The hyperventilation may be another reason why Mestinon did not immediately improve shortness of breath scores, as it’s not clear that Mestinon has the ability to affect the breathing. (The authors noted, though, that this finding may be the result of a “false negative”, or Type II, statistical error that would be cleared up in larger studies.)
Mestinon has done very well for some people, but it was never expected to be a cure-all. As Systrom noted in his Open Medicine Foundation talk, multiple exercise issues have been found in ME/CFS. A drug that increases blood flows to the heart, and improves cardiac output by firming up the veins, may not be able to help with a right/left shunt in the peripheral blood vessels that drives blood away from the muscles, a mitochondrial problem, or hyperventilation.
Systrom reported that a mitochondrial problem could produce the same results in ME/CFS patients – and require a totally different treatment regimen. Calling the mitochondrial issue “relatively uncharted territory”, Systrom noted that some evidence suggests that viruses may be able to hack the mitochondrial genes (turning them off – a nice strategy if applied to the immune cells), or that infection-triggered oxidative stress could debilitate the mitochondria as well, and might even hit the small nerve fibers.
- Update – note that one small myasthenia gravis study suggested that Mestinon in combination with another drug might increase the risk of depression. One ME/CFS patient reported this happened with her.
Systrom – keeping his eye on every possible factor – is also in the midst of an $8 million 40-person ME/CFS mitochondrial trial funded by the Estrellas corporation. So far, 27 people have enrolled.
Systrom, who is now the co-director of the OMF’s Ronald G. Tompkins Harvard ME/CFS Collaboration saluted Ron Tompkins’ efforts to break down silos and build multidisciplinary teams to attack ME/CFS. That, he said, was Ron Tompkins’ vision, and that was how this disease is going to get defeated. Systrom also recently joined the OMF’s Scientific Advisory Board
The first exercise test resulted in increased energy consumption during the rest period, and reduced energy production (peak VO2, cardiac output) during the second exercise test. All the patients also demonstrated “ventilatory inefficiency”; i.e. a potentially harmful reduction in CO2 levels caused by hyperventilation.
The trial succeeded in demonstrating that blood vessel issues affecting the veins are impairing energy production in ME/CFS, and can be improved with a drug. While the effect size was not large (i.e. the improvements did not meet “clinical significance”), this unusual one-shot drug trial didn’t appear to be designed to do that.
Instead, the study showed that the drug has the potential to move the needle biologically in people with ME/CFS; it turned off the “energy drain” seen during the rest period, and improved peak energy production and cardiac output during the second test. Conference reports suggest that long-term use of Mestinon may be able to actually increase aerobic capacity in ME/CFS.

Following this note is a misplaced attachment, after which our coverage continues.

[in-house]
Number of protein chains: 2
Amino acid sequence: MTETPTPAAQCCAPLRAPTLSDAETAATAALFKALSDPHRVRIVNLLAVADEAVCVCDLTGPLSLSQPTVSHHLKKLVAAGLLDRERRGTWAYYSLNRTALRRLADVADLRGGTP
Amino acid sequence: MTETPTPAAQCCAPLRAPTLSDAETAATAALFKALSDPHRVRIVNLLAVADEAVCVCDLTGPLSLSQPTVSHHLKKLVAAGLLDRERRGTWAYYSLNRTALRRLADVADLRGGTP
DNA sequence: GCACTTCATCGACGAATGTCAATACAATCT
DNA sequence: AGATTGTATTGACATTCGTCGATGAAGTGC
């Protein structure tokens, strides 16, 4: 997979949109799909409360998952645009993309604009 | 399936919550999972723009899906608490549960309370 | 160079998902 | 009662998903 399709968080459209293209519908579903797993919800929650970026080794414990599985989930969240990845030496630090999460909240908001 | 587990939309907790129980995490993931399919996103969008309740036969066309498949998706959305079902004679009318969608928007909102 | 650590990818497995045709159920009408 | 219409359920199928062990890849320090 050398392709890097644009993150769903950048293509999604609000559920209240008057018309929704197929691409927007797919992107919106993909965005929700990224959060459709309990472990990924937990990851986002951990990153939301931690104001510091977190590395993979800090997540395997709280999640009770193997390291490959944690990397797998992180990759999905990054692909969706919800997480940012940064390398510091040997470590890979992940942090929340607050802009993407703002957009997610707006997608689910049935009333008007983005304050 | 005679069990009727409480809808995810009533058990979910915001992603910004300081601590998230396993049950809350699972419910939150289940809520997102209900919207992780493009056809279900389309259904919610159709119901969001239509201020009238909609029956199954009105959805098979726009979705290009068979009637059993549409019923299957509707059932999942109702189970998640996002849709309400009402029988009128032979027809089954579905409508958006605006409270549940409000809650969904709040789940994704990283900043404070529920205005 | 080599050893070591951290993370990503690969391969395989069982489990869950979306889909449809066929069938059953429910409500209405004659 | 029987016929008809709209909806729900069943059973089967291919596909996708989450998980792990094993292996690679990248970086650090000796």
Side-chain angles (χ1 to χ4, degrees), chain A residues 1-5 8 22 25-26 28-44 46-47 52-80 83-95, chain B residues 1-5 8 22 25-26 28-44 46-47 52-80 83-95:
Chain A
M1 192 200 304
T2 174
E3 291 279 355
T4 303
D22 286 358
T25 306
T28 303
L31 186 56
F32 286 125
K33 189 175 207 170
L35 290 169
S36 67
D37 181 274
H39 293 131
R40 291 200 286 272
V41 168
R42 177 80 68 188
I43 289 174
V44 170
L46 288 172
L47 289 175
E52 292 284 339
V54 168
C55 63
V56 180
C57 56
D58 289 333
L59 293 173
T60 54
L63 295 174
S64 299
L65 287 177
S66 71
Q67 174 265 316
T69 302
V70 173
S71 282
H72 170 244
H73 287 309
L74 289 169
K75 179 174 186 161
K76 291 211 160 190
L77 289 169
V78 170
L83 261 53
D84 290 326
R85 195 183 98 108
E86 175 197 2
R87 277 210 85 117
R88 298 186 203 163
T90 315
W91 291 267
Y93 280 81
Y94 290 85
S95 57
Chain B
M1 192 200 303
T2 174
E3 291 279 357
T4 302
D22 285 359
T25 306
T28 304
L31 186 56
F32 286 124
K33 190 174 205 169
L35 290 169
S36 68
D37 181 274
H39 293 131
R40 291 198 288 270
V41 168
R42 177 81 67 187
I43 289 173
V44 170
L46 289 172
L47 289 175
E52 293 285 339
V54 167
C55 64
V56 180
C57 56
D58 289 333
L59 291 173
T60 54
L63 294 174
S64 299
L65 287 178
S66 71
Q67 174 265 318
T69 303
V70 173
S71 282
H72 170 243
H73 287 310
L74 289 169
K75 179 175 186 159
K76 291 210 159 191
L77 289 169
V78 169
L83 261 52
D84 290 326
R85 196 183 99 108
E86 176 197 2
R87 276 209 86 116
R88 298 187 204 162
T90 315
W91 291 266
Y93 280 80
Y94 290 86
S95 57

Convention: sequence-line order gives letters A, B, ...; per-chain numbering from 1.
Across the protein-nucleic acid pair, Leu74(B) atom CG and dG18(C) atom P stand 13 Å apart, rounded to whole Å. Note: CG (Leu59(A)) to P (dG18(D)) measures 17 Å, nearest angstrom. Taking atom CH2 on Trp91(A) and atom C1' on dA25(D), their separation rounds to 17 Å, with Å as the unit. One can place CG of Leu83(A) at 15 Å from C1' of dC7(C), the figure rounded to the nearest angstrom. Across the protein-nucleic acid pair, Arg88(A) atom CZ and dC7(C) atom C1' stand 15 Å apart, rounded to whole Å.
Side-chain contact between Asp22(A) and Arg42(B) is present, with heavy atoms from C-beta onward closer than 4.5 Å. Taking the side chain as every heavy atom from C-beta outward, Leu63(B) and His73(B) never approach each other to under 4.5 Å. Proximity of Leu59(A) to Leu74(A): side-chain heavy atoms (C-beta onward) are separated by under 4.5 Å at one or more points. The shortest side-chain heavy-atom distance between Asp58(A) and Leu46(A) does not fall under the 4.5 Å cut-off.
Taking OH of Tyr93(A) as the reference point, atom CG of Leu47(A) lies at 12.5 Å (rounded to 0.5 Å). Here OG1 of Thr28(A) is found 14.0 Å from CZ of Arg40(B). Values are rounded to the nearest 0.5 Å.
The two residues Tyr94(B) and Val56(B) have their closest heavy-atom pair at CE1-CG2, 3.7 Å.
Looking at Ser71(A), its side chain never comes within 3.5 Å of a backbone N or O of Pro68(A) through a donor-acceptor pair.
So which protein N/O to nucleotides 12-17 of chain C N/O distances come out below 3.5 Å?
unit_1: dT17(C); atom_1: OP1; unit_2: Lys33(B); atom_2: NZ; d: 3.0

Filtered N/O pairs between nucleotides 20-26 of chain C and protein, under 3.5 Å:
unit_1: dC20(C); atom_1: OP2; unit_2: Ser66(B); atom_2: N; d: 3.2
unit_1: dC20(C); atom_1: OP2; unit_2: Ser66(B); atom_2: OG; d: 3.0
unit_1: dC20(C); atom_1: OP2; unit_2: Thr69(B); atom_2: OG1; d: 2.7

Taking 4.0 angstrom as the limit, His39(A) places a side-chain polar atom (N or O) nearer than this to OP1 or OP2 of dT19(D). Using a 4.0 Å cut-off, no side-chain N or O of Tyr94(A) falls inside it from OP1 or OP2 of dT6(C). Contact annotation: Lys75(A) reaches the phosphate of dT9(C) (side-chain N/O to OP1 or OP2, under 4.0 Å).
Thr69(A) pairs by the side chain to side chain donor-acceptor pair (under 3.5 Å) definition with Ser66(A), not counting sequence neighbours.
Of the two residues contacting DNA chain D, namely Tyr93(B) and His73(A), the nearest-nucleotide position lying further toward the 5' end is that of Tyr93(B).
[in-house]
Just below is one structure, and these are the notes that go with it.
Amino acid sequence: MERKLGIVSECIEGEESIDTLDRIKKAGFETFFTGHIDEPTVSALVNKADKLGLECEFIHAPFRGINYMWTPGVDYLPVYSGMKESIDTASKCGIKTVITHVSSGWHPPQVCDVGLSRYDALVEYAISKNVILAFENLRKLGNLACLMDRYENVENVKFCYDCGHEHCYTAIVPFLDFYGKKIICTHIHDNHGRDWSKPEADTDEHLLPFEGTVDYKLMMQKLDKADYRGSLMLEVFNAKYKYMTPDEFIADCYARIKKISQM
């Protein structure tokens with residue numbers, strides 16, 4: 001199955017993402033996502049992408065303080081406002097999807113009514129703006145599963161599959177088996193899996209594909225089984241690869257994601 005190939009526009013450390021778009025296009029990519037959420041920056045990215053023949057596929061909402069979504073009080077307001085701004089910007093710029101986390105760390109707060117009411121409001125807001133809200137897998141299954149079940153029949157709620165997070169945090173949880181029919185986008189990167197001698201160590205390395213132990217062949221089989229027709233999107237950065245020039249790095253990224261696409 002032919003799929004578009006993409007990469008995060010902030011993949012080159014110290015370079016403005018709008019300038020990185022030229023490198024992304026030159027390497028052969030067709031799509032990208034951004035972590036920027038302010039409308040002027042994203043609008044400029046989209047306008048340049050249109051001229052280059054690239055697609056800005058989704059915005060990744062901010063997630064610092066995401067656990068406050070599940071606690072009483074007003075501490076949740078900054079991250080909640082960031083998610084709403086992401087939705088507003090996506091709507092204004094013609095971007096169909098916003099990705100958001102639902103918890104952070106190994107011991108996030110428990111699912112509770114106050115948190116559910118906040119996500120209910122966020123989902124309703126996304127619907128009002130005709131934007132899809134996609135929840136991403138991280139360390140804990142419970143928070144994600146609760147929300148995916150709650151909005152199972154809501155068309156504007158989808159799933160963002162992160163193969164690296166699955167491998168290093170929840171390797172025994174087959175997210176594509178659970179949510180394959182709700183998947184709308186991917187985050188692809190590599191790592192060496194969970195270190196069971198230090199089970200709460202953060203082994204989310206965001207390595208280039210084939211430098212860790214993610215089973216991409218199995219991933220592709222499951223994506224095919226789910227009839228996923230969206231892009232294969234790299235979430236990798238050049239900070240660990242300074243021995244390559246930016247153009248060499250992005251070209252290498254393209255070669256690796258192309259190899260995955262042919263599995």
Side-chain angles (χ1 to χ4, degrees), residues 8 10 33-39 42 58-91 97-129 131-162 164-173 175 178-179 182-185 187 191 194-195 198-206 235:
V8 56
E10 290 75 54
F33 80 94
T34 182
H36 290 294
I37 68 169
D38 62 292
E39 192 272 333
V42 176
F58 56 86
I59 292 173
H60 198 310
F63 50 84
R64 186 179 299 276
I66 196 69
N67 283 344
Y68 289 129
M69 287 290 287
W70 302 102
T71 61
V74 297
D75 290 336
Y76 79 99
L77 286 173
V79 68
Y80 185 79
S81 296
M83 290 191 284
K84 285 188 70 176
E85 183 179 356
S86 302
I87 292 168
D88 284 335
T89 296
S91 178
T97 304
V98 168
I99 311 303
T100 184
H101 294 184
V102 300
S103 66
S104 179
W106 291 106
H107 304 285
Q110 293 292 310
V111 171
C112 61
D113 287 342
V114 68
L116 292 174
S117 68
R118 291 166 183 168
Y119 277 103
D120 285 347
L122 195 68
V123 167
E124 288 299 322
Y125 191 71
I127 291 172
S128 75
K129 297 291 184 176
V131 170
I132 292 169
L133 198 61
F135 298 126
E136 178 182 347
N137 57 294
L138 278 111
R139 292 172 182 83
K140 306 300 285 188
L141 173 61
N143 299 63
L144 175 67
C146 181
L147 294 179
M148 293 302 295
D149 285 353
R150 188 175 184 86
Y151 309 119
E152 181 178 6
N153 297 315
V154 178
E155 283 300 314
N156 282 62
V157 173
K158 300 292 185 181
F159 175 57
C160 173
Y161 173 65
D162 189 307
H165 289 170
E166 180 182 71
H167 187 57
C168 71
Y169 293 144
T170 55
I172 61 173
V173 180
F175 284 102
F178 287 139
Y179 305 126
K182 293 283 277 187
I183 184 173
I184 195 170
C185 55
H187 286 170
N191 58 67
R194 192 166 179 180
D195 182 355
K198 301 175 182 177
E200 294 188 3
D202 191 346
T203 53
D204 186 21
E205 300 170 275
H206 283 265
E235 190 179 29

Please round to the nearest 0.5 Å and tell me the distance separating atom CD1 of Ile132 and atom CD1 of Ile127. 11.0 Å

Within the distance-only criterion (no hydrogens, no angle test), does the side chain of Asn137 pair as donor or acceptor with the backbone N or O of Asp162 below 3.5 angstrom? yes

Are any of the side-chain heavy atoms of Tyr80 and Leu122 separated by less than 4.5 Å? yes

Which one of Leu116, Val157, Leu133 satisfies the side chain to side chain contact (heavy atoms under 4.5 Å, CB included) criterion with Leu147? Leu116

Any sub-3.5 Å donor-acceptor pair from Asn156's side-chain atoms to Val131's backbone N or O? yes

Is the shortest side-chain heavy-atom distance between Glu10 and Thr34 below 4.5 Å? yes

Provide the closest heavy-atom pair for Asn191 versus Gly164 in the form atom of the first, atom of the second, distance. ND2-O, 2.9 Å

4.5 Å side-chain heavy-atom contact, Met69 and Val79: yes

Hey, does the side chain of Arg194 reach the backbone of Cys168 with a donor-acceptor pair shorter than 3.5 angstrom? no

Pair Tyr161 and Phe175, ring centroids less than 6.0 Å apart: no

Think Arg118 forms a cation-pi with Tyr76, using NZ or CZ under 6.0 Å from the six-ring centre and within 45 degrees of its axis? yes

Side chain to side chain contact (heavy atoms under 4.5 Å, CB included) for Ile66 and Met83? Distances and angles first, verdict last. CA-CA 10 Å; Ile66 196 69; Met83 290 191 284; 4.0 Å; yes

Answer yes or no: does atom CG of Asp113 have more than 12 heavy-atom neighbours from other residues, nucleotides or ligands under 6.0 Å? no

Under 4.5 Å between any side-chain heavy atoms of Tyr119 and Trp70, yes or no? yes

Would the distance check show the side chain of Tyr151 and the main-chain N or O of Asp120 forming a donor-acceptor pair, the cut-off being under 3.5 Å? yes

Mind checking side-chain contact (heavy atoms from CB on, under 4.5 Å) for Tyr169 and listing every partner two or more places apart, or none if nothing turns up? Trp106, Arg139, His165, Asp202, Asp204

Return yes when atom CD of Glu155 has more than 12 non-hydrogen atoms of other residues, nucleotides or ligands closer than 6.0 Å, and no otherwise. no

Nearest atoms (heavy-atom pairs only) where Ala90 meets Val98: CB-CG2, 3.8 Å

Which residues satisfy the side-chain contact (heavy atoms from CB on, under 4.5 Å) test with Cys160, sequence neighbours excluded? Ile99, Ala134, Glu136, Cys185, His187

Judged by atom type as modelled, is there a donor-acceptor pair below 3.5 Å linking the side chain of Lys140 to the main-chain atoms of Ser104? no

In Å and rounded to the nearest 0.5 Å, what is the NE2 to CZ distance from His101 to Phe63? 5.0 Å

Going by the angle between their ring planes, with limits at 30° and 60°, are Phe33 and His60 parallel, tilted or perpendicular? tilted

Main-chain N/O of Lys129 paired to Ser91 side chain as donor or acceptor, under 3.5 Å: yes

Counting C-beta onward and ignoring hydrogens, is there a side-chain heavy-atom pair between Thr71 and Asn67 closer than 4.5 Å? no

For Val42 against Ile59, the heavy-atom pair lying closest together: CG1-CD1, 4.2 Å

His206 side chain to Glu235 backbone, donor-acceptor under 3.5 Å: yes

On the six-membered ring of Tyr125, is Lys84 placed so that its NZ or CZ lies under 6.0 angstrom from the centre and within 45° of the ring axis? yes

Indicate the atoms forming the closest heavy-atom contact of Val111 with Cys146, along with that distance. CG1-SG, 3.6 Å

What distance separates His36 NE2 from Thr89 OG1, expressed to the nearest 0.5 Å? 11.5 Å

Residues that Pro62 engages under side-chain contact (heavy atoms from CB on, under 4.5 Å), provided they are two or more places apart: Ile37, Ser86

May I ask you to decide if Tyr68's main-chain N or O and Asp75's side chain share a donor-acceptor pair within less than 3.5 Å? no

Mestinon was never expected to be a cure-all drug. It may not be able to affect other problems such as the shunting of blood away from the muscles, mitochondrial problems, and hyperventilation that appear to be spread across the ME/CFS population. It may be most helpful in a large subset of the ME/CFS population who have problems constricting the veins in their legs, and thus have reduced blood flows to the heart and the reduction in energy production that goes along with that.
We’ll see what happens from here. The authors called for larger, more extensive studies. Their demonstration that Mestinon can move the needle biologically in an area of great concern in ME/CFS seems to be exactly the kind of evidence that the National Institutes of Health purports to require to fund a clinical trial.
Biological evidence, after all, is apparently what carried the day for Shungu’s rare, successful application for an ME/CFS clinical trial. Dr. Rosa Maria Pari Ñaña’s recent Department of Defense grant to identify the subset of ME/CFS patients that are likely to benefit from Mestinon. Success could be very helpful in this regard.
If Systrom goes for an NIH grant, he’ll have to go outside the NIH’s ME/CFS program as it still does not allow for clinical trials. Still, he’ll have some good evidence to back him up.
Systrom alluded to the possibility of repurposing FDA-approved drugs for ME/CFS in his interview. In that vein, Mestinon would be a great “starter” drug for this disease. It’s not a mystery, it’s been around forever and doctors presumably would have no problem prescribing it. Having a drug like Mestinon associated with ME/CFS would certainly change the face of this disease, could help a large subset of ME/CFS patients, and prompt further investigations into one of the hottest areas of ME/CFS and long COVID – the blood vessels and energy production.